Today, as we survey the situation around us in Mexico, Guatemala, and Honduras, it is for sure progressive observers are disappointed in the new Mexican government of the one Obrador. We had expected AMLO to be roots-oriented, but realities to the north in Donald Trump’s America may have forced Obrador to move to the right. Guatemala remains what Guatemala has been since the CIA’s overthrow of Jacobo Arbenz in 1954: a land where the ladino business/industrial rich oppress the Indigenous rural poor and rule with an iron hand in tandem with the military. Honduras has become even more neoliberal and oppressive, which brings up the matter of the young Garifuna leaders who were recently kidnapped there by armed men in paramilitary gear and who have likely been murdered, because of defending ancestral lands on the coast.
Because Belize has been headed in the direction of Mexico, Guatemala, and Honduras for decades now, it is very important for us in Belize to stay focused on the situation in Honduras, which is our immediate neighbor in the south. The gap between the wealthy oligarchy and the now starving poor in Belize has widened even more since COVID-19 showed its ugly face in March. The increasingly overt militarization of Belize at the domestic level is nothing less than ominous, beloved.
I speak as an old and powerless intellectual, because I am not in a position to put bodies in the streets. I have decided to put my e-mail address ([email protected]) in the column, so that you thinkers who are seeing what I am seeing can communicate directly with me.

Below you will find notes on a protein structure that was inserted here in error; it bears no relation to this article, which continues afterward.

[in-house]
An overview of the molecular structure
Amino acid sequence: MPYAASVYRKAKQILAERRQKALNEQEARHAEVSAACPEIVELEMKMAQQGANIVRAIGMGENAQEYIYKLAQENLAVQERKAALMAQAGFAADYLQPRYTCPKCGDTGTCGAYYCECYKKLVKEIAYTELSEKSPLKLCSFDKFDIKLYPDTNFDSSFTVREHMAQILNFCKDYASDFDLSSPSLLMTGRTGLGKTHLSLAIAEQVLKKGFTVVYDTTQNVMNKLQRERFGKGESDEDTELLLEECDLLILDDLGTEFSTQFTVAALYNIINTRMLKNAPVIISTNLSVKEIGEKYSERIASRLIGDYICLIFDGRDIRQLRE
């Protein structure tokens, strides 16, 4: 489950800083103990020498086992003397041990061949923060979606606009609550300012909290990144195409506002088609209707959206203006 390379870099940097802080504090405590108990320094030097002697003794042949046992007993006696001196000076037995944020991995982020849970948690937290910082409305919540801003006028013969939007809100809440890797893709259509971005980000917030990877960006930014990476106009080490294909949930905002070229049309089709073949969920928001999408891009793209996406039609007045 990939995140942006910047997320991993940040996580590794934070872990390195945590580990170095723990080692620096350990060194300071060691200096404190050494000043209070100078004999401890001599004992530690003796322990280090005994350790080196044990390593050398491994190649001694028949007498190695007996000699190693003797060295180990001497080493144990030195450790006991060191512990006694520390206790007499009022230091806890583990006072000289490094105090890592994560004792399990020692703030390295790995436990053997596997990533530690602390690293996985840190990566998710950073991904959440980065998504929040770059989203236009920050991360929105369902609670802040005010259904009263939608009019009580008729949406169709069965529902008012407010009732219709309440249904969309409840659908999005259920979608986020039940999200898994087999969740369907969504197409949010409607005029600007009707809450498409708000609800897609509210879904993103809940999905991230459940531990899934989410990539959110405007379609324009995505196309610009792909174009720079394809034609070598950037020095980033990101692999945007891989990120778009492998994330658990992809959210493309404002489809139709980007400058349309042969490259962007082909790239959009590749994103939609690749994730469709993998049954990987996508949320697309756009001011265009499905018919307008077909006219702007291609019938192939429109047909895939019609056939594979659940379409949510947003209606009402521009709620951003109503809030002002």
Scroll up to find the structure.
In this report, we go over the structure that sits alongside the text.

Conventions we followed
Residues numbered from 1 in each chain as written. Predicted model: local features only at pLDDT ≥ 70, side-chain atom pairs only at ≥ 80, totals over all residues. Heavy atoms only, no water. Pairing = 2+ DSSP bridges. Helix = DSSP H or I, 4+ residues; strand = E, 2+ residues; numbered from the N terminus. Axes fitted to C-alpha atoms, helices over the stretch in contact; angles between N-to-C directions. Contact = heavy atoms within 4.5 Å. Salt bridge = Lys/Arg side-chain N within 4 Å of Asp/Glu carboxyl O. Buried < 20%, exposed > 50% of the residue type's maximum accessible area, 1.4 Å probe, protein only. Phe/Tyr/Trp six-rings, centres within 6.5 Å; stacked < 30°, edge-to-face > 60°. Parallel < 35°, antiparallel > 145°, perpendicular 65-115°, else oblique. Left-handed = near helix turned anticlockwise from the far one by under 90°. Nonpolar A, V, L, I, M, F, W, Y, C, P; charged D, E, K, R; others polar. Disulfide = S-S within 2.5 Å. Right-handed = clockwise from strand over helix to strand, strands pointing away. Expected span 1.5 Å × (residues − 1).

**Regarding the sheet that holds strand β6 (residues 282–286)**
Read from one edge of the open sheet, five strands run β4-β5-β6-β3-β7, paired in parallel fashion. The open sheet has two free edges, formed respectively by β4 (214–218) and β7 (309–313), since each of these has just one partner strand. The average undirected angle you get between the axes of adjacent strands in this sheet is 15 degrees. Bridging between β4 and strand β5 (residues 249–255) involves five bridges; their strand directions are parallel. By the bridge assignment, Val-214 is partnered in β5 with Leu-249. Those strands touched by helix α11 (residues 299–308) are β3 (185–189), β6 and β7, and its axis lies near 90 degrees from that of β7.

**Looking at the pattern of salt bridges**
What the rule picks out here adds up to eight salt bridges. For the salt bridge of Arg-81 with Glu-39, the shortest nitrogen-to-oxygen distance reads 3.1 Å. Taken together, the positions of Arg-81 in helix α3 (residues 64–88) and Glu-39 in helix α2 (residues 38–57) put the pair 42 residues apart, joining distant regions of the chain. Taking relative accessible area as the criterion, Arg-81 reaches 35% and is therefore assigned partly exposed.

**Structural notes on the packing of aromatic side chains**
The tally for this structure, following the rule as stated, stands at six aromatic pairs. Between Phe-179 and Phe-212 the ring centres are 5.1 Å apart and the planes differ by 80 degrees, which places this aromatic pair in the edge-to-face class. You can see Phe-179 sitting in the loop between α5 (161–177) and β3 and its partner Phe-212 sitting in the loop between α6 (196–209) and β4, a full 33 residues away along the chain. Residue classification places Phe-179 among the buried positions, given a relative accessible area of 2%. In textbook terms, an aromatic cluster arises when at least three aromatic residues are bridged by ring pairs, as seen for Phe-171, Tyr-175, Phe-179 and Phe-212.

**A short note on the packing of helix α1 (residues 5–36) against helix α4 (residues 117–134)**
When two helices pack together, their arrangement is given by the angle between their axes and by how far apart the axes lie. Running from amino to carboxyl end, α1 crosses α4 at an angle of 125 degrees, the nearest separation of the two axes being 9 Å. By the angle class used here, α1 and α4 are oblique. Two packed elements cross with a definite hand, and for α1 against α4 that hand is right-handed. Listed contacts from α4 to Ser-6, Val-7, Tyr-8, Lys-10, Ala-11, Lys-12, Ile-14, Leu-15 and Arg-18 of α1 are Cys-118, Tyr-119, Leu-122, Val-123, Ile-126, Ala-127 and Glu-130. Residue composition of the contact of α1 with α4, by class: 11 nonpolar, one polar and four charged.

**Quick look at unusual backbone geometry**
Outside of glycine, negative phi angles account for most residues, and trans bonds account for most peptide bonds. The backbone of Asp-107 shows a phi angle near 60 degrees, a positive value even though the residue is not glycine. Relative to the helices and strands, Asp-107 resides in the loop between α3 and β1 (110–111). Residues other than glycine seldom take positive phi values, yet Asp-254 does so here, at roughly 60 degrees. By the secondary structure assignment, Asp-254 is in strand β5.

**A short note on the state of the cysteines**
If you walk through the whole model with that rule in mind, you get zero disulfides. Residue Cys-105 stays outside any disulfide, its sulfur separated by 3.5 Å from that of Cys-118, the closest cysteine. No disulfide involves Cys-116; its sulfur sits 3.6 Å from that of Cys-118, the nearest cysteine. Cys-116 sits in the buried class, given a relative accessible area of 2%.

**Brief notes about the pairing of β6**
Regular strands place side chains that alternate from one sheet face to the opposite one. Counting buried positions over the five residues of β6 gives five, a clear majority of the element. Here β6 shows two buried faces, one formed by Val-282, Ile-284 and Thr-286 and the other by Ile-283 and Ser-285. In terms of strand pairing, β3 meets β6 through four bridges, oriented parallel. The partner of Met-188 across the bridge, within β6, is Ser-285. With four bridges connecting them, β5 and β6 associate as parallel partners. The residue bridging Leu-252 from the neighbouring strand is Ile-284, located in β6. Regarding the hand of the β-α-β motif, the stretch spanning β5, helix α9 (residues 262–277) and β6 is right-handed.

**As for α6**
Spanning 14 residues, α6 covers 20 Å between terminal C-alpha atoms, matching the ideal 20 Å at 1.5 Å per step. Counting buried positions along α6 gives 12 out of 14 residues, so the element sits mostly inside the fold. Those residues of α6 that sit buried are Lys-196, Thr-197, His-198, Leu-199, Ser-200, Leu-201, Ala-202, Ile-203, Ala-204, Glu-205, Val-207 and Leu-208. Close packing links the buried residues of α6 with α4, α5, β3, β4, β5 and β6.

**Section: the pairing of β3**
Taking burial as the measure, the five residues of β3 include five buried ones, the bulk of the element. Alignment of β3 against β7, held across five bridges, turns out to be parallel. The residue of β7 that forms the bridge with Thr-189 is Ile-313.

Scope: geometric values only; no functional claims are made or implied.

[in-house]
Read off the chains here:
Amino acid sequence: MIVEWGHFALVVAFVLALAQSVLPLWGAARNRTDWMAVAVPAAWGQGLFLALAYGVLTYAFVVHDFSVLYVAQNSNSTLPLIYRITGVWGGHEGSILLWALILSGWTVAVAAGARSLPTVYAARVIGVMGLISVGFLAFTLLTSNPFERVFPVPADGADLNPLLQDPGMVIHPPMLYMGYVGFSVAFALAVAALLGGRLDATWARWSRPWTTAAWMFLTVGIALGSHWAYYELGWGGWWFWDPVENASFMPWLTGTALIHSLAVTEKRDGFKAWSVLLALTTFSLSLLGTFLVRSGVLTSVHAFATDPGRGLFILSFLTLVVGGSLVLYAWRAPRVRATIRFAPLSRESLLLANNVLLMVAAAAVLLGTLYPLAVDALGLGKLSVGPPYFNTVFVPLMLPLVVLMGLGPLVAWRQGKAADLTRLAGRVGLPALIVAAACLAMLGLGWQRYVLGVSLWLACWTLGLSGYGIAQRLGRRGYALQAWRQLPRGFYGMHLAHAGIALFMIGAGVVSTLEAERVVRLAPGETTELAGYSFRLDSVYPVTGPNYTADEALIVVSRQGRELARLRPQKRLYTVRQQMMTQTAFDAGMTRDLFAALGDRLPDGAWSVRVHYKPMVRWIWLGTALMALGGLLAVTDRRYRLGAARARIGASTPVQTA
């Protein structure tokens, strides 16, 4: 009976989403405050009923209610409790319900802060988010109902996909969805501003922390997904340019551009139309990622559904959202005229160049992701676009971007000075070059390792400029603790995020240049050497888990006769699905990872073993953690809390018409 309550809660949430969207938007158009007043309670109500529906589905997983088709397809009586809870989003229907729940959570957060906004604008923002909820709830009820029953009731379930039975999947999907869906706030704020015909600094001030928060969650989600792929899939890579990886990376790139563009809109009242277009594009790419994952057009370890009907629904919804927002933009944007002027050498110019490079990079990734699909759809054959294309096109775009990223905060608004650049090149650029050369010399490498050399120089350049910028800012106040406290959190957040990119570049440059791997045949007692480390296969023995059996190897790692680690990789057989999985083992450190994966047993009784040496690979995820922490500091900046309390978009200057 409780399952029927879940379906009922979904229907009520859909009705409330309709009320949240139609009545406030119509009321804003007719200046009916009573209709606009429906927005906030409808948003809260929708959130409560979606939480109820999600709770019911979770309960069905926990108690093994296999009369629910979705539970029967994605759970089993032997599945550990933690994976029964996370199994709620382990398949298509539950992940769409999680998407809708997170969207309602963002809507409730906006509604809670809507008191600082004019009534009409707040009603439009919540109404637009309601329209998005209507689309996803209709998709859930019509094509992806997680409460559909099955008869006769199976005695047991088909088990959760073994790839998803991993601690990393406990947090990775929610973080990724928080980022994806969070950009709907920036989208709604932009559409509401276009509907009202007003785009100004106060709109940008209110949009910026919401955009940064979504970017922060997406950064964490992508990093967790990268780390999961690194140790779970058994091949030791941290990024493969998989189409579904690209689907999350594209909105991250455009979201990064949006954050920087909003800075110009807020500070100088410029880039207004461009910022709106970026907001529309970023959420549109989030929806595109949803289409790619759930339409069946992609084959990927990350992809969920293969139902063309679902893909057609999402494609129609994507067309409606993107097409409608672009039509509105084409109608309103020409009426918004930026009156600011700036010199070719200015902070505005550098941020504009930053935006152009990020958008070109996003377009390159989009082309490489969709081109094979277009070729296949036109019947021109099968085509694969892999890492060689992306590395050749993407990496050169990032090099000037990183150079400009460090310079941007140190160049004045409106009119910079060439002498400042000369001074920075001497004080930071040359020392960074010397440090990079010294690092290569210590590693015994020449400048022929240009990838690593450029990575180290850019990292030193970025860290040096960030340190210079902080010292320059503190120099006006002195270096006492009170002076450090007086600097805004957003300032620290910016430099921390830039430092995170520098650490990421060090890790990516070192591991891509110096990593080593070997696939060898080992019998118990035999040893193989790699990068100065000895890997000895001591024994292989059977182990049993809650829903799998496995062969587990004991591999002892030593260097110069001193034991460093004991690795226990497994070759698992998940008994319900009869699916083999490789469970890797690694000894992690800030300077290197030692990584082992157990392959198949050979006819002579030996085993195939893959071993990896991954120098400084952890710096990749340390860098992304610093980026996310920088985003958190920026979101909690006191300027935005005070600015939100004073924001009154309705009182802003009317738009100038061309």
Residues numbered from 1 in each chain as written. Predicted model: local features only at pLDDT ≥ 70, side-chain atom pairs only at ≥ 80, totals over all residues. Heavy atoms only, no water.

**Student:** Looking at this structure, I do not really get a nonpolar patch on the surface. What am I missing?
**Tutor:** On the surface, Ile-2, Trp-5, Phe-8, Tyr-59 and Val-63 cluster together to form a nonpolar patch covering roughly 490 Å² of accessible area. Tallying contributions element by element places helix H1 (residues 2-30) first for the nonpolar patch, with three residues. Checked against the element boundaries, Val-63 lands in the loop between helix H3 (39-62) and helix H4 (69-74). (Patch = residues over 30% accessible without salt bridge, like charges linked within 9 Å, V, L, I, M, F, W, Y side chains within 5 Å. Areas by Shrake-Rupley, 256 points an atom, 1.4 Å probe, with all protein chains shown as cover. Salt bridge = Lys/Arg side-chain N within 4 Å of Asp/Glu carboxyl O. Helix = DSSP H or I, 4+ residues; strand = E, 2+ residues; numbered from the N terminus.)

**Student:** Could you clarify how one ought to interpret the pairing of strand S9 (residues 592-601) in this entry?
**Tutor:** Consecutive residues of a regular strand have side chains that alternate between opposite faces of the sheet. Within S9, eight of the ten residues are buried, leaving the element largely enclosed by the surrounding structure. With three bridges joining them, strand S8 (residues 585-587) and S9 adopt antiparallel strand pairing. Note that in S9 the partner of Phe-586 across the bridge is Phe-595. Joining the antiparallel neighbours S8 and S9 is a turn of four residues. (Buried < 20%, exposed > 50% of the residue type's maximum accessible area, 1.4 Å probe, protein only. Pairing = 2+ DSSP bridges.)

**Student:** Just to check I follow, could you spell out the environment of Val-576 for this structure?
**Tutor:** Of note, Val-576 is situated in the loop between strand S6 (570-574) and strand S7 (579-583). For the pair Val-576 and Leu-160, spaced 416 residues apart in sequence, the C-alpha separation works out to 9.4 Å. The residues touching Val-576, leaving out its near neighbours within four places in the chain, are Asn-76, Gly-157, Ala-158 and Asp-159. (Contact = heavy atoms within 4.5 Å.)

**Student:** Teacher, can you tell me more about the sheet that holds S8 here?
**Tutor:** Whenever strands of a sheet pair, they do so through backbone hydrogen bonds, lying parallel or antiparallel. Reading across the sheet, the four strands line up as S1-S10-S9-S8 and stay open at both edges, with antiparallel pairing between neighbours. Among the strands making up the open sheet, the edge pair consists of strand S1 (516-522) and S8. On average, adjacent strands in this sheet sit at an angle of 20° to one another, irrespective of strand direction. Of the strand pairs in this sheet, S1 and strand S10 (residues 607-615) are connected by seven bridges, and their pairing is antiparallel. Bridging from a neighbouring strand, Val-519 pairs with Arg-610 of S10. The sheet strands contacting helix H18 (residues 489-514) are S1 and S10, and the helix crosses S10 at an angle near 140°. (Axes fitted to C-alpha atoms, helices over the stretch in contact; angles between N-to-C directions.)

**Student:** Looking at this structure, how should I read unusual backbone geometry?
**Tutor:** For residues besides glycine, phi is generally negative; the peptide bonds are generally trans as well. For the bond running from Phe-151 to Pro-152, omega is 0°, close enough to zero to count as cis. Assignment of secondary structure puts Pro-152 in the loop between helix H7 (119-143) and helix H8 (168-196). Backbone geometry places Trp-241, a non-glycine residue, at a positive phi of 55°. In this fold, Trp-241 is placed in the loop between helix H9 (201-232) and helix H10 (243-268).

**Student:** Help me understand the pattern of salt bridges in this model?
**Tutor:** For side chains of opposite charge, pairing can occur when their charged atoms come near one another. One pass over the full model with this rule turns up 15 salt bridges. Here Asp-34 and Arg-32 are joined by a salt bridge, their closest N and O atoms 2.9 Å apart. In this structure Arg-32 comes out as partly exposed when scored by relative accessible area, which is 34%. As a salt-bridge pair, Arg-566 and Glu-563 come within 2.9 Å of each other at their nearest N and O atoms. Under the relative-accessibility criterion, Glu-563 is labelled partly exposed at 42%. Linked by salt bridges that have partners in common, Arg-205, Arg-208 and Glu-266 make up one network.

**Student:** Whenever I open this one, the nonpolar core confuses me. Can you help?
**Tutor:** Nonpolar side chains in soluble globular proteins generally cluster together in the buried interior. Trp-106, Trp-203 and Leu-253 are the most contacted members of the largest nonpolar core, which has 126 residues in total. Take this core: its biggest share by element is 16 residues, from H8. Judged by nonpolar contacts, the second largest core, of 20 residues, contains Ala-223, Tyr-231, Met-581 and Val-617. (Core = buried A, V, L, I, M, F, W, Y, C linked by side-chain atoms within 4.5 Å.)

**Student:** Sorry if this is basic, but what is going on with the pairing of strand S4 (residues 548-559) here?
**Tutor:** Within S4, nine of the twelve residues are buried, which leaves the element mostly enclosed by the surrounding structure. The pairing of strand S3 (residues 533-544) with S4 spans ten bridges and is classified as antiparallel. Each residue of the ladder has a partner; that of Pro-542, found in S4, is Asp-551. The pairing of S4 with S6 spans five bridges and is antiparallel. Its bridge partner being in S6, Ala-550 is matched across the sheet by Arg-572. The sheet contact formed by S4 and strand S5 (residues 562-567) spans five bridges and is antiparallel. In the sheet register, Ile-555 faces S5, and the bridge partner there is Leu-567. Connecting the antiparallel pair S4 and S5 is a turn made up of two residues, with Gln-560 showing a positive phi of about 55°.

You know, during the time of UBAD we were so active in the streets we UBADers paid almost no attention to what Richard Nixon, elected U.S. president in 1968 and re-elected in 1972, and his cold-blooded sidekick, Henry Kissinger, were doing in Vietnam, Cambodia, Laos, Chile and the rest of the world. Today, with a much greater technological ability to look at world news, Trump’s words and doings are right out there for Belizean youth to scrutinize and analyze.
I believe we Belizeans are in an extremely dangerous place in 2020. I feel helpless, and somewhat confused. Sometimes I think that we have returned to a form of colonialism in The Jewel. Our leaders look like us in this new form of colonialism, but they absolutely love money, and so they follow instructions from the same place the British Governor was receiving his in 1950. The result of this new colonialism is plain for us to see: daily, increased suffering for the masses of the Belizean people. At the very least, we must be focused on avoiding the dread fate of the masses around us in Mexico, Guatemala and Honduras.
Power to the people.
P. S. An S.J.C. Sixth Form classmate of mine from the Sixties who now lives in Chicago has corrected my last column, to the effect that the two people recently killed in Kenosha, Wisconsin, by a vigilante 17-year-old white, were white, not black. I thank her for the correction.